A group of investors is suing RLX Technology, claiming the Chinese vaping company overstated its financials and misrepresented potential regulatory risks when it filed the paperwork for its initial public offering in the U.S., reports The Wall Street Journal.
Submitted June 9 by shareholder Alex Garnett in the U.S. District Court for the Southern District of New York, the lawsuit alleges RLX’s registration statement from last October omitted the impact of ongoing efforts by Chinese regulators to tighten sales of electronic cigarettes.
Under rules established by the U.S. Securities and Exchange Commission, companies must disclose any known events or uncertainties.
Founded in 2018, Beijing-based RLX went public on the New York Stock Exchange in January. The offering raised $1.39 billion, according to data provider Dealogic. Its stock price fell sharply after Chinese regulators in March proposed treating vapor products like regular cigarettes.
The lawsuit alleges investors purchased RLX shares at artificially inflated prices in part because the company omitted and misrepresented information in the registration statement. As the stock price dropped, RLX investors lost hundreds of millions of dollars, the lawsuit said.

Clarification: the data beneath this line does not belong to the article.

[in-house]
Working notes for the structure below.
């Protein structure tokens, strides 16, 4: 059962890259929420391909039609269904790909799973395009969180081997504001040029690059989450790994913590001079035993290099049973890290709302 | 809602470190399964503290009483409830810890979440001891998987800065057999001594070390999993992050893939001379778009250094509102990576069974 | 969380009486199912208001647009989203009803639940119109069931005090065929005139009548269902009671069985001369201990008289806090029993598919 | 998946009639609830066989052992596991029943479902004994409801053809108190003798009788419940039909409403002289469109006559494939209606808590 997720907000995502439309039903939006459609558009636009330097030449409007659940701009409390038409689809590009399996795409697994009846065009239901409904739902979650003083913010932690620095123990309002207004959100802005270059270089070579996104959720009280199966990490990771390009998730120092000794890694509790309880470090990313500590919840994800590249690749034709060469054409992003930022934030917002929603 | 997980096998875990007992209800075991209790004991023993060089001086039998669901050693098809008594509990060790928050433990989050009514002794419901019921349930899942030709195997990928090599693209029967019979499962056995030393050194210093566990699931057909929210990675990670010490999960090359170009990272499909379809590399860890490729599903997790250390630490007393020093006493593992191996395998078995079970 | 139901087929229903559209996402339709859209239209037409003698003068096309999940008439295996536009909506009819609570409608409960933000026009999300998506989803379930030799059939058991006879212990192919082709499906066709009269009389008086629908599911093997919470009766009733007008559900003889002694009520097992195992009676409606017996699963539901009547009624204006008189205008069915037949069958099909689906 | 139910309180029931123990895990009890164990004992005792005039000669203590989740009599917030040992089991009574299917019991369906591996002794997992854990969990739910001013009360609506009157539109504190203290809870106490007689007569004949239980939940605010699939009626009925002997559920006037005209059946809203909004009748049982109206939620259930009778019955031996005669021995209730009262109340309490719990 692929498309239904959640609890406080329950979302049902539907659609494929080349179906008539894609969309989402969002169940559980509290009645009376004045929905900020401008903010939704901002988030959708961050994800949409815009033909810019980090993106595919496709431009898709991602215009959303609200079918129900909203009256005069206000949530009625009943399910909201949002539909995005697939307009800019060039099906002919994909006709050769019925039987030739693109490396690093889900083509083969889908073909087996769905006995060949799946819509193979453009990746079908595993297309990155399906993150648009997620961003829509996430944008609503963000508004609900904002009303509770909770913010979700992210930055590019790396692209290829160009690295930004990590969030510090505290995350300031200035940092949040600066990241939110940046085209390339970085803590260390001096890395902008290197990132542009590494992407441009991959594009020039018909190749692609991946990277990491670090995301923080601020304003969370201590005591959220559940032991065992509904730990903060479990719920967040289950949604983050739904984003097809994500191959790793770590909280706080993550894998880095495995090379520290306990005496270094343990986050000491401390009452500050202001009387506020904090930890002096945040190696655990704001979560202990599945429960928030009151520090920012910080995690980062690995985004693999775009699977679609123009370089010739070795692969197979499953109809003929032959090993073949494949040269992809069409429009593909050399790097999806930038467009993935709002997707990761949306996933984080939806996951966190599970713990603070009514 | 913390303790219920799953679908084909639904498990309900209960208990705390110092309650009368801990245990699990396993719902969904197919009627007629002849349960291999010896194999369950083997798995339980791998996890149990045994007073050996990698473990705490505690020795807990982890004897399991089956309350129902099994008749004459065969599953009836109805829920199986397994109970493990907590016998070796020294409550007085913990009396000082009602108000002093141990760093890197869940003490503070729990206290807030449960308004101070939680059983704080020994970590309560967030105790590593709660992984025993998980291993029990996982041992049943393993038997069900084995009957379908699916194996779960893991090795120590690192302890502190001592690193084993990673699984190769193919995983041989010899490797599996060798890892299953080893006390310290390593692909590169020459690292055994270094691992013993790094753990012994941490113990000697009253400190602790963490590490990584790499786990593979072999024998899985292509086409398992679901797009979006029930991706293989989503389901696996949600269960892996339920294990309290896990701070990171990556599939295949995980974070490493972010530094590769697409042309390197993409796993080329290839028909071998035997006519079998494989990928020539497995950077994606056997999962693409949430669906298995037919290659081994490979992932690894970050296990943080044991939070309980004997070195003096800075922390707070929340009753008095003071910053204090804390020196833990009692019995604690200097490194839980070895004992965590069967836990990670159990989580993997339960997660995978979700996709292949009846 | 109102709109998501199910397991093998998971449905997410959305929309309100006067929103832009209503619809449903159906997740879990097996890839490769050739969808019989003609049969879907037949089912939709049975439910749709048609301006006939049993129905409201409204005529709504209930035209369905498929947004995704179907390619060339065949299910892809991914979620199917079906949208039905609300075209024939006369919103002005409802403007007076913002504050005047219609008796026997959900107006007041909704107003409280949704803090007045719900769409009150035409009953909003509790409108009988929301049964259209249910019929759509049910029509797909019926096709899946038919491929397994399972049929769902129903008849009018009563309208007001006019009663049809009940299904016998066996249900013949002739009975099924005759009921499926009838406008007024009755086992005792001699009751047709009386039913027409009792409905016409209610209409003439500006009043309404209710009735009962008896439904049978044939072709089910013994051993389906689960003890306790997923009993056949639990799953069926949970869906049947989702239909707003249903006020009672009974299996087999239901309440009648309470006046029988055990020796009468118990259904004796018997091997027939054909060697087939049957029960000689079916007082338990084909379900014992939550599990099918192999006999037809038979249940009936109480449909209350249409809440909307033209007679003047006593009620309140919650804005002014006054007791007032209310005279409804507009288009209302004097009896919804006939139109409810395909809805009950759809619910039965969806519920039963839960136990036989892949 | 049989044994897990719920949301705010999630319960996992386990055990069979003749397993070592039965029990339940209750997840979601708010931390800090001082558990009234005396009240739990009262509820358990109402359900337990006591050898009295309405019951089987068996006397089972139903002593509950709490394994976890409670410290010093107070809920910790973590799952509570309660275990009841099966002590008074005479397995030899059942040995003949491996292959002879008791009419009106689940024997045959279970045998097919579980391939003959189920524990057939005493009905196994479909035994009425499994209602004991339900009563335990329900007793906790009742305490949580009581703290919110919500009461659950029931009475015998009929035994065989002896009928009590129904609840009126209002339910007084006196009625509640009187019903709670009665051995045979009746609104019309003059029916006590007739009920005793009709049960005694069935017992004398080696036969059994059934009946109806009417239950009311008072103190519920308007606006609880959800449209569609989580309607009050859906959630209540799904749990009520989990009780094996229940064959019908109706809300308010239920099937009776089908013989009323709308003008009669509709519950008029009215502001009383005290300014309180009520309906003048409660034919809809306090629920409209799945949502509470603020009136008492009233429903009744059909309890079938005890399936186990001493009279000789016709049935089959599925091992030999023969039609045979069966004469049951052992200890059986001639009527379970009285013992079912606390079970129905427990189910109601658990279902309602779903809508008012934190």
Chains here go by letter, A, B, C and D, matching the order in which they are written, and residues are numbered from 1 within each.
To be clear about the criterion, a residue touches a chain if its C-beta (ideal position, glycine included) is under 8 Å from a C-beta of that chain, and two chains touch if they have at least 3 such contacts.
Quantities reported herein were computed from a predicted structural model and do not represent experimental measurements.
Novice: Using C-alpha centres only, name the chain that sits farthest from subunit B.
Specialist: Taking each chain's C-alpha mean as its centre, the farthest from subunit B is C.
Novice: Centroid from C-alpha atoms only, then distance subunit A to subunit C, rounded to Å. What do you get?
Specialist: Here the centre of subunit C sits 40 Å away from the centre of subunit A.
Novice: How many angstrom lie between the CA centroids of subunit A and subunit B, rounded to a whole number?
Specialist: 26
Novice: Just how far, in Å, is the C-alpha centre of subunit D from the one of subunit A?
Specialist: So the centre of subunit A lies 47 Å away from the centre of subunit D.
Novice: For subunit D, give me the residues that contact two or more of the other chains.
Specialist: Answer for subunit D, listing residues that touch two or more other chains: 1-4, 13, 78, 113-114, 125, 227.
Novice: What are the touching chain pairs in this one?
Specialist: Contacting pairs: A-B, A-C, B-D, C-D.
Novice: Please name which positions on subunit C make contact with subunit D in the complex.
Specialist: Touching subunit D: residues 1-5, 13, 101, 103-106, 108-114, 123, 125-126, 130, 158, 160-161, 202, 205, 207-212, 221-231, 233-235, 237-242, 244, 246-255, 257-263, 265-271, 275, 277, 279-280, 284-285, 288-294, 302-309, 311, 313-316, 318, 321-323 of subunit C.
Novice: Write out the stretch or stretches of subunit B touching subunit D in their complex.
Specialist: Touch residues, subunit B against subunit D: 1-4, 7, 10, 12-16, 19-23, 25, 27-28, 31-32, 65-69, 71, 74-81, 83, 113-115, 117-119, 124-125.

At least two other law firms in recent weeks said they are investigating on behalf of investors to determine whether RLX failed to disclose relevant information to investors. Rosen Law Firm and Bronstein, Gewirtz & Grossman, among others, are reportedly seeking RLX investors who want to join a class-action suit.
RLX on June 2 reported revenue of CNY2.4 billion ($366.1 million) for the quarter ended March 31, up from CNY368.6 million in the prior year period. The company booked a net loss of CNY267 million compared with a profit of CNY12.1 million during the prior year quarter.
The company’s financial statements in recent months have raised eyebrows among accounting experts, who have questioned RLX’s unusually high ratio of cash and securities to total assets, among other issues.
On June 1, Tobacco Reporter published an article explaining how tobacco regulations could change China’s vapor business.